New UI play marries soccer with womanhood, growing up

All female cast shows what it means to be a “woman warrior” in a production about soccer, persistence, and the struggles of growing up as a girl.



Haley Triem, Arts Reporter

Girls sprint across the turf, knees kicking up in sync, ponytails flying, breath strained.

The group reaches the edge of the field and quickly shifts to another exercise, all the while keeping both their intensive dialogue and a soccer ball in check.

This isn’t soccer practice, though. This isn’t a game. This is an act, a theater production with a crowd of silent people watching and bright spotlights beaming down on actresses as they act out what it means to be an athlete and a young woman in this day and age.

Last weekend, The Wolves premiéred in the Theater Building, and the production will show again today, Friday, and Saturday at 8 p.m.

It certainly wasn’t easy for the actresses to reach this point of performance, however. Mary Beth Easley, director of The Wolves, said half of the process was about being athletic and knowing how to handle a ball.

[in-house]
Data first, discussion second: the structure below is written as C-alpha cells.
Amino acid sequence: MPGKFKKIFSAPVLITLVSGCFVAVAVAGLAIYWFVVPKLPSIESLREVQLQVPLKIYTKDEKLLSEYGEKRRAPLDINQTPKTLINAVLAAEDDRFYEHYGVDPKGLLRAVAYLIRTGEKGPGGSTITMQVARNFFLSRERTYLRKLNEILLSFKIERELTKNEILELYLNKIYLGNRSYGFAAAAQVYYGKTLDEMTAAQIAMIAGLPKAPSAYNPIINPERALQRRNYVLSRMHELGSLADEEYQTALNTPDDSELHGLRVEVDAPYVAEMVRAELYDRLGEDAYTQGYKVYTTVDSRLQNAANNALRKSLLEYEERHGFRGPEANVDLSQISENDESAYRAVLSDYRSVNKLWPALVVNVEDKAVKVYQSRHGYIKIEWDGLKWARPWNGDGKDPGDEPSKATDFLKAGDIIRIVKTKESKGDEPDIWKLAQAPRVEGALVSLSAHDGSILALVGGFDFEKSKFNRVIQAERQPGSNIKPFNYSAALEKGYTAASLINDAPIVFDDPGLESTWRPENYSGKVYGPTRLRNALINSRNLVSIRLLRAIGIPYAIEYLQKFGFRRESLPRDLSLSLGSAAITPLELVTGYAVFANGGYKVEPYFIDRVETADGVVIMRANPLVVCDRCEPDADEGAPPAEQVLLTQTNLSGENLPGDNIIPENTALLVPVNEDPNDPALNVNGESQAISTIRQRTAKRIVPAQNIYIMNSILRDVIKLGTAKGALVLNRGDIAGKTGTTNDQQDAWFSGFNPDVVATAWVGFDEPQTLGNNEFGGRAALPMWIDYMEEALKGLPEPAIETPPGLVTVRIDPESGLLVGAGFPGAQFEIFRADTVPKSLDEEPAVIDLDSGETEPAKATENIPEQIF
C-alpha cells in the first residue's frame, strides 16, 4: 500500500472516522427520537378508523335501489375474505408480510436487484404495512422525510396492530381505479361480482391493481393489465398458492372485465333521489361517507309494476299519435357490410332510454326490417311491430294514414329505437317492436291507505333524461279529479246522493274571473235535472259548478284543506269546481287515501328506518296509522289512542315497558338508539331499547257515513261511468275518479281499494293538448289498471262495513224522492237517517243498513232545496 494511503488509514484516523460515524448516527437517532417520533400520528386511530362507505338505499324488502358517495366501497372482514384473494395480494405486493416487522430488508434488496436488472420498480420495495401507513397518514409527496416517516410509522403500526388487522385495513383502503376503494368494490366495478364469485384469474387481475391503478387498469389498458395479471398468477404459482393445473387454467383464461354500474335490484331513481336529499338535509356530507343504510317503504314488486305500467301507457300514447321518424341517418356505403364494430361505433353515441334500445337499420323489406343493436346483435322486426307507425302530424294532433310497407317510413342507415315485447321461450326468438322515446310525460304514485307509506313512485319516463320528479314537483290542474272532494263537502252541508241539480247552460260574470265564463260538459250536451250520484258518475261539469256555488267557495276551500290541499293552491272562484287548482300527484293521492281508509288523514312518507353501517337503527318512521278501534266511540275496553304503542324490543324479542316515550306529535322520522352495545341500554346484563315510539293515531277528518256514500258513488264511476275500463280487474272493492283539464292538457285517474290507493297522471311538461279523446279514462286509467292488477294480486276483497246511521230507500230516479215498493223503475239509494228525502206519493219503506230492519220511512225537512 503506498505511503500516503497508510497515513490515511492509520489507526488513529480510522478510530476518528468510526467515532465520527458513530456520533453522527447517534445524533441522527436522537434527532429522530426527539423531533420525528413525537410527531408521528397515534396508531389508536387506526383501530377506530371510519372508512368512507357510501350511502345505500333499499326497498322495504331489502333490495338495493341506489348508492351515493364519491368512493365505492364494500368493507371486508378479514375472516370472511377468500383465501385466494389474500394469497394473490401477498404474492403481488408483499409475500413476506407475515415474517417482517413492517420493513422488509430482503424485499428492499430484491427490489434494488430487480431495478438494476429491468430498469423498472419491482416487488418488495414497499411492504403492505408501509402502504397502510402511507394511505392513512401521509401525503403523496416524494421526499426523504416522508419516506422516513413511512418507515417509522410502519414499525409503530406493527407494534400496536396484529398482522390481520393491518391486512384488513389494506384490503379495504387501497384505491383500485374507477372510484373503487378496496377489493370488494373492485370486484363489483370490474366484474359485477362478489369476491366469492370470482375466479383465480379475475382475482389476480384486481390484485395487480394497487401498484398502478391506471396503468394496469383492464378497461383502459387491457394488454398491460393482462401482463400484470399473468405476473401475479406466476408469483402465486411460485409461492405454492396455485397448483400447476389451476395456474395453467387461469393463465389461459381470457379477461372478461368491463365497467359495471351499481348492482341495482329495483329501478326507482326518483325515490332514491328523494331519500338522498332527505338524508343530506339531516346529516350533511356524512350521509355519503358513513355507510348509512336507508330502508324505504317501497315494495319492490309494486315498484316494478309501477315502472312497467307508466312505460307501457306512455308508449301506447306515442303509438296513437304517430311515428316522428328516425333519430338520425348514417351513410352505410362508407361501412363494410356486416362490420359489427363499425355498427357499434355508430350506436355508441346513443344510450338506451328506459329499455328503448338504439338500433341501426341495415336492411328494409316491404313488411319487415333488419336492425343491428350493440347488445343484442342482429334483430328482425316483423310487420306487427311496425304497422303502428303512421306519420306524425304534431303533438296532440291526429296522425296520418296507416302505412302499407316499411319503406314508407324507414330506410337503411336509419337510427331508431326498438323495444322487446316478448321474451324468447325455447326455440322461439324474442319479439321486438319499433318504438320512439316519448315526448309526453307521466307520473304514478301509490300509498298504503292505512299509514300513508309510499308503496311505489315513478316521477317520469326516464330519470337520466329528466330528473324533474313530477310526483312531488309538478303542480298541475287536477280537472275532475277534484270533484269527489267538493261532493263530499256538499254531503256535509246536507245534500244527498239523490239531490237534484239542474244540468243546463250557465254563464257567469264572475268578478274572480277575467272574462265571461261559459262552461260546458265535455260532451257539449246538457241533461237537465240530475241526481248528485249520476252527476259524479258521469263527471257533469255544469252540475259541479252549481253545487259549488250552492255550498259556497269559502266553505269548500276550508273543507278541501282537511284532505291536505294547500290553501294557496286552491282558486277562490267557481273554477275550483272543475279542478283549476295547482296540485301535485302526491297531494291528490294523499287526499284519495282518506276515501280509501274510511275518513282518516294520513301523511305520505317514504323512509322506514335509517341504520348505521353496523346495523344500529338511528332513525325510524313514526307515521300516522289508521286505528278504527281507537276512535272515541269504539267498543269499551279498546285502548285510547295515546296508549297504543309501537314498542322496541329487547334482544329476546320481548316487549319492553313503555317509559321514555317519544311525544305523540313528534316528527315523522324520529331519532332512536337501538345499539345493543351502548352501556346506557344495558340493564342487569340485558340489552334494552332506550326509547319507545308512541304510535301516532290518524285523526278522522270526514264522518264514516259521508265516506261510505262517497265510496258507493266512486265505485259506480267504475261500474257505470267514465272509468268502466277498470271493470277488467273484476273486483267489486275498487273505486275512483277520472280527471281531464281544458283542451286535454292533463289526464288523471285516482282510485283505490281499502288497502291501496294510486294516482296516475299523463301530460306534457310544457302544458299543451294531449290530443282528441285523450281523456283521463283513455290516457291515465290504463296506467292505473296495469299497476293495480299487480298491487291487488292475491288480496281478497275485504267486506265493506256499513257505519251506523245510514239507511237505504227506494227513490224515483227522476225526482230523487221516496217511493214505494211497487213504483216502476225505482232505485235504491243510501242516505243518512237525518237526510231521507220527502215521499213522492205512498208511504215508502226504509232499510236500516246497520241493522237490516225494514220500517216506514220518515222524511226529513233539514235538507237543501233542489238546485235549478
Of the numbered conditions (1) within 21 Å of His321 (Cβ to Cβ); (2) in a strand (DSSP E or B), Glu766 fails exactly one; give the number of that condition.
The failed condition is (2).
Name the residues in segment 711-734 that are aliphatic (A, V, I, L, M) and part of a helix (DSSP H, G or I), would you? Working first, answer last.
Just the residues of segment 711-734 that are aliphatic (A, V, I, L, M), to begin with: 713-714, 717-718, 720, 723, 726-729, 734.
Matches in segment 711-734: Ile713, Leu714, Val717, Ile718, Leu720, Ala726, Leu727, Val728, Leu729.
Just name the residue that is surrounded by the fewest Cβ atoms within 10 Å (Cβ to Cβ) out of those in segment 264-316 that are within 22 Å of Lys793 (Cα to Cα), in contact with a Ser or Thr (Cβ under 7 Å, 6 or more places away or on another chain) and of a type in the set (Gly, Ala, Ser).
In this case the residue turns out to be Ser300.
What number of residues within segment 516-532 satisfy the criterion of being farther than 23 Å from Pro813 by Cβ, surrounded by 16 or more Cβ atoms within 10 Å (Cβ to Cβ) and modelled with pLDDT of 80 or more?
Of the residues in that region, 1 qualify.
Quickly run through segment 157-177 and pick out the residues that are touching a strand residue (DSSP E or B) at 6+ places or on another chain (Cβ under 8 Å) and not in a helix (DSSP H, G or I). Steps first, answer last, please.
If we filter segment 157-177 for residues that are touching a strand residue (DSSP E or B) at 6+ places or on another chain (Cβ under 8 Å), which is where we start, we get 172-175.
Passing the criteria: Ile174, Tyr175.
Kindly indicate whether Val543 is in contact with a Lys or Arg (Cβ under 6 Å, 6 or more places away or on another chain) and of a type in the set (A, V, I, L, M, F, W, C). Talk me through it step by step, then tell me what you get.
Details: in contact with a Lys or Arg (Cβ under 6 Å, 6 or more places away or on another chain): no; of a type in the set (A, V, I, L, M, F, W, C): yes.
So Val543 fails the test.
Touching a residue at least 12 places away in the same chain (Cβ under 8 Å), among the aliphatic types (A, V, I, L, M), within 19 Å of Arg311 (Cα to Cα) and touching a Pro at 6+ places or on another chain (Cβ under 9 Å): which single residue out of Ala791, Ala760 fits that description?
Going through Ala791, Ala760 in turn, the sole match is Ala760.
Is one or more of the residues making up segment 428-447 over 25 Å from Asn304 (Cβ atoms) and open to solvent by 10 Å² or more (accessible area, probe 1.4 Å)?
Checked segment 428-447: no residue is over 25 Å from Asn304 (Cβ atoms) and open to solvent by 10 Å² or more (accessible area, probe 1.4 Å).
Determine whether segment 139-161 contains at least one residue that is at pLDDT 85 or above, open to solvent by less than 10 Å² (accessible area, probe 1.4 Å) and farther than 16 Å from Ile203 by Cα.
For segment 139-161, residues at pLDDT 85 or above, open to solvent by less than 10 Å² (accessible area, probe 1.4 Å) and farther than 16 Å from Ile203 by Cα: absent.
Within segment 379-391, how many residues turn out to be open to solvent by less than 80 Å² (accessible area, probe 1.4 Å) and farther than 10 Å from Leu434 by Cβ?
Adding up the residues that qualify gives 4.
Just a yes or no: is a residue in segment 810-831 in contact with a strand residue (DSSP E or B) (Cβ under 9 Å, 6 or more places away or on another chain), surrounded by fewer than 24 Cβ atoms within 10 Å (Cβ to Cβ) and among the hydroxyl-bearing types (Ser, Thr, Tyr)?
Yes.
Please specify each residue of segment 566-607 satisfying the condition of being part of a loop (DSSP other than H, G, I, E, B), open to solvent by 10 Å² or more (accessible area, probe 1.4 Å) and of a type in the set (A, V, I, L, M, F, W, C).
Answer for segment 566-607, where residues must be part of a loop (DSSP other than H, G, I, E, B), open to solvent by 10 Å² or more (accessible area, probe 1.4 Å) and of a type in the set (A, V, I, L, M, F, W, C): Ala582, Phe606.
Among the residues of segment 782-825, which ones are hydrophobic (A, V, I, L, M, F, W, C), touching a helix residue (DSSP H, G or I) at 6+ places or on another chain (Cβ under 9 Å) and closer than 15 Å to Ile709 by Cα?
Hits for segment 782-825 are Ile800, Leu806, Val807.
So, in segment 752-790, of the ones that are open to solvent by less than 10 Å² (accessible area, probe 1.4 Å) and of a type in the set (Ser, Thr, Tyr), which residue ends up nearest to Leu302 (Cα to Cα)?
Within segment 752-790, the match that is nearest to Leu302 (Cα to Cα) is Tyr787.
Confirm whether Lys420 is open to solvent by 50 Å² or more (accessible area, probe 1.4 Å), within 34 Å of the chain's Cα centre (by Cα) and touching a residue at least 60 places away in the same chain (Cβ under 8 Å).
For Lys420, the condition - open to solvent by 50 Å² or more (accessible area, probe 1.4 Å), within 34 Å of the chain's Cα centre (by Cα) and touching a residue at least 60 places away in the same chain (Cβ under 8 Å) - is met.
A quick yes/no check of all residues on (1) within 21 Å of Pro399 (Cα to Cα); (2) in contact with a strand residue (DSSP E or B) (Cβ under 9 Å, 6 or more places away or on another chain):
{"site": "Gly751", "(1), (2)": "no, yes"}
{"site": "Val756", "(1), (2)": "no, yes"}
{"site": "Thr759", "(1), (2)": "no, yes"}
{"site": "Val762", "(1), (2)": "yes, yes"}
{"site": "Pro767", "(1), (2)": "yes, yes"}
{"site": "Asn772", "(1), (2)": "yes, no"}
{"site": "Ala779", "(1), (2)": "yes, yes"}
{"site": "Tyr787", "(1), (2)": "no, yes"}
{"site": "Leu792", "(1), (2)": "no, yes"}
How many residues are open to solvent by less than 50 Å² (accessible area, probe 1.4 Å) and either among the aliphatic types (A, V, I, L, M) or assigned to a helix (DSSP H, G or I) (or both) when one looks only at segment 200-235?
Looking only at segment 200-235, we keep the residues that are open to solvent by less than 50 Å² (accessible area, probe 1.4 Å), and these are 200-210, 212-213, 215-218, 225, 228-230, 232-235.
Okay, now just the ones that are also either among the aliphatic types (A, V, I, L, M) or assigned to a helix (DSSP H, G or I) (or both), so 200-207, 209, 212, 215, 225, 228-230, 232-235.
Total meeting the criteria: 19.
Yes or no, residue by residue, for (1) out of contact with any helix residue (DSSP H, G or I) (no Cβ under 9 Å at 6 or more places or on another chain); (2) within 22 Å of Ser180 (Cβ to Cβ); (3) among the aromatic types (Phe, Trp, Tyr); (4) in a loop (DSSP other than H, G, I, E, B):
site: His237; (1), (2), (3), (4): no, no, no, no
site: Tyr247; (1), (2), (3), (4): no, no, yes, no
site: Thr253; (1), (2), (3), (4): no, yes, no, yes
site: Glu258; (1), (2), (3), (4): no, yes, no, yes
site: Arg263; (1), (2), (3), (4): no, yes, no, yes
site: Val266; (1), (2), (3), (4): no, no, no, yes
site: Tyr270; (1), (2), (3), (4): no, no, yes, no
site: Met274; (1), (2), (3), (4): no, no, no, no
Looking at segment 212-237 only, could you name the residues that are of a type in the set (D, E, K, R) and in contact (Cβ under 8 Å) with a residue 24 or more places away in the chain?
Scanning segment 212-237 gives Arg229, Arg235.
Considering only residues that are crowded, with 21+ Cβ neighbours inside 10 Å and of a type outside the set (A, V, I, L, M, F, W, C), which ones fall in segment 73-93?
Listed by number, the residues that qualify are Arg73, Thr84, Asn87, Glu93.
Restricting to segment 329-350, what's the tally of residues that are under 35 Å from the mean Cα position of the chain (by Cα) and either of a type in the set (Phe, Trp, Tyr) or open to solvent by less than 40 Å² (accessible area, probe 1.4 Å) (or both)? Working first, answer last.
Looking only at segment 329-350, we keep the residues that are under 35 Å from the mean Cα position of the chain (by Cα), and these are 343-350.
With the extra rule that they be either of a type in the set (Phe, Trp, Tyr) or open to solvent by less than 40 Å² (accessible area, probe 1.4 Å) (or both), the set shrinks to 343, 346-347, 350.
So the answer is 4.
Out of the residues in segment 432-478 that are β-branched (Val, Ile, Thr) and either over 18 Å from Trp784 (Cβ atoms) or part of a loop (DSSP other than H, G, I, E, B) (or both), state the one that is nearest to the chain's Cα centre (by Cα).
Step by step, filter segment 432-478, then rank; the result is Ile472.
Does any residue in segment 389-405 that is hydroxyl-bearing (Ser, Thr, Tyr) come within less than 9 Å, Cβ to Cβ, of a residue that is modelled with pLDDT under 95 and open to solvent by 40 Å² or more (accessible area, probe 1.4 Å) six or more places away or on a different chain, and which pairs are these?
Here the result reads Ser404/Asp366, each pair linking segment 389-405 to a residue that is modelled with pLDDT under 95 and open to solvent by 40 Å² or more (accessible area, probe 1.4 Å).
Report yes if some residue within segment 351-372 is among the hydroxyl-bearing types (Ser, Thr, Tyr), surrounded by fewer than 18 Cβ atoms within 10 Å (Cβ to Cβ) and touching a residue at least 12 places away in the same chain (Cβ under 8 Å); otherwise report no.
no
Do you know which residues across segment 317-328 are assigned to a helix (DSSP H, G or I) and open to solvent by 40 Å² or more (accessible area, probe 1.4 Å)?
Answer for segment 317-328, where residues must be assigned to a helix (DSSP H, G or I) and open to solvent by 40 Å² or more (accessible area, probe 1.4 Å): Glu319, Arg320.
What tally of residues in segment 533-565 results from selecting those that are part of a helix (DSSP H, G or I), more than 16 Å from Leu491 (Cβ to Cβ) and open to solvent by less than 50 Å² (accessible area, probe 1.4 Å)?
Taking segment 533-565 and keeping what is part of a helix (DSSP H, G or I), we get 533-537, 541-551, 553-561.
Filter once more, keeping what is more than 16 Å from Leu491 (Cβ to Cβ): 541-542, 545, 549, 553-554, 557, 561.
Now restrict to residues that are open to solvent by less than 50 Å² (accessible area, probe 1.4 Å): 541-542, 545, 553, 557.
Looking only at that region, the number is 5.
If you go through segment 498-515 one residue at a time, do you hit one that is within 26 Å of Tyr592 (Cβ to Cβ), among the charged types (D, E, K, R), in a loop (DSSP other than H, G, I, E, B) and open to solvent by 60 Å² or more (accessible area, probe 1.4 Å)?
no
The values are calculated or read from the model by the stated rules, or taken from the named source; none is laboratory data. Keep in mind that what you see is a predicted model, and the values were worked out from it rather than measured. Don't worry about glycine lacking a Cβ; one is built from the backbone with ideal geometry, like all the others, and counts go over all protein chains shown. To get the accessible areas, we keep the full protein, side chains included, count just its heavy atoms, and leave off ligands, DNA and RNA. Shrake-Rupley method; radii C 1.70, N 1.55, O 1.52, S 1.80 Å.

“We started right after Thanksgiving break in those two weeks before finals and spent most of that time learning soccer drills,” she said. “Then we sent them off for winter break, where they had to memorize their lines and keep up an intensive training schedule. They arrived one week before school resumed, and we spent six hours each day rehearsing.”

It’s rewarding to do a play about young women warriors who are amazing but also deal with peer pressure and insecurities.”

— Mary Beth Easley, director of The Wolves

Dramaturge and soccer coach Morgan Grambo said The Wolves is a physically challenging play. The actresses worked with a woman who had played high-school soccer — just like the girls they were portraying on stage.

“If you’ve ever tried having a conversation while on a run with someone, imagine that level of breath support required for nearly a whole play,” Grambo said. “Additionally, the actors play young women who are incredibly skilled athletes, so on top of making sure that everyone was comfortable with a soccer ball at their feet, we had to teach them how to have something that is actually quite hard look easy.”

The play, while viewed through the lens of soccer, hits much deeper topics, such as death, eating disorders, and the pressure that comes with growing up.

“It’s rewarding to do a play about young women warriors who are amazing but also deal with peer pressure and insecurities. [The Wolves is] athletic, moves forward, and celebrates young women and the female spirit,” Easley said.

The all-female cast rose to the challenge, exemplifying what it means to find power as a woman.

“Our rehearsal room was an all-women space and that felt so right for this show,” Grambo said. “I think that the actors that perform in The Wolves are an exceptional group of young women. They bring such life to each of their characters and create a nuanced, enjoyable performance.”

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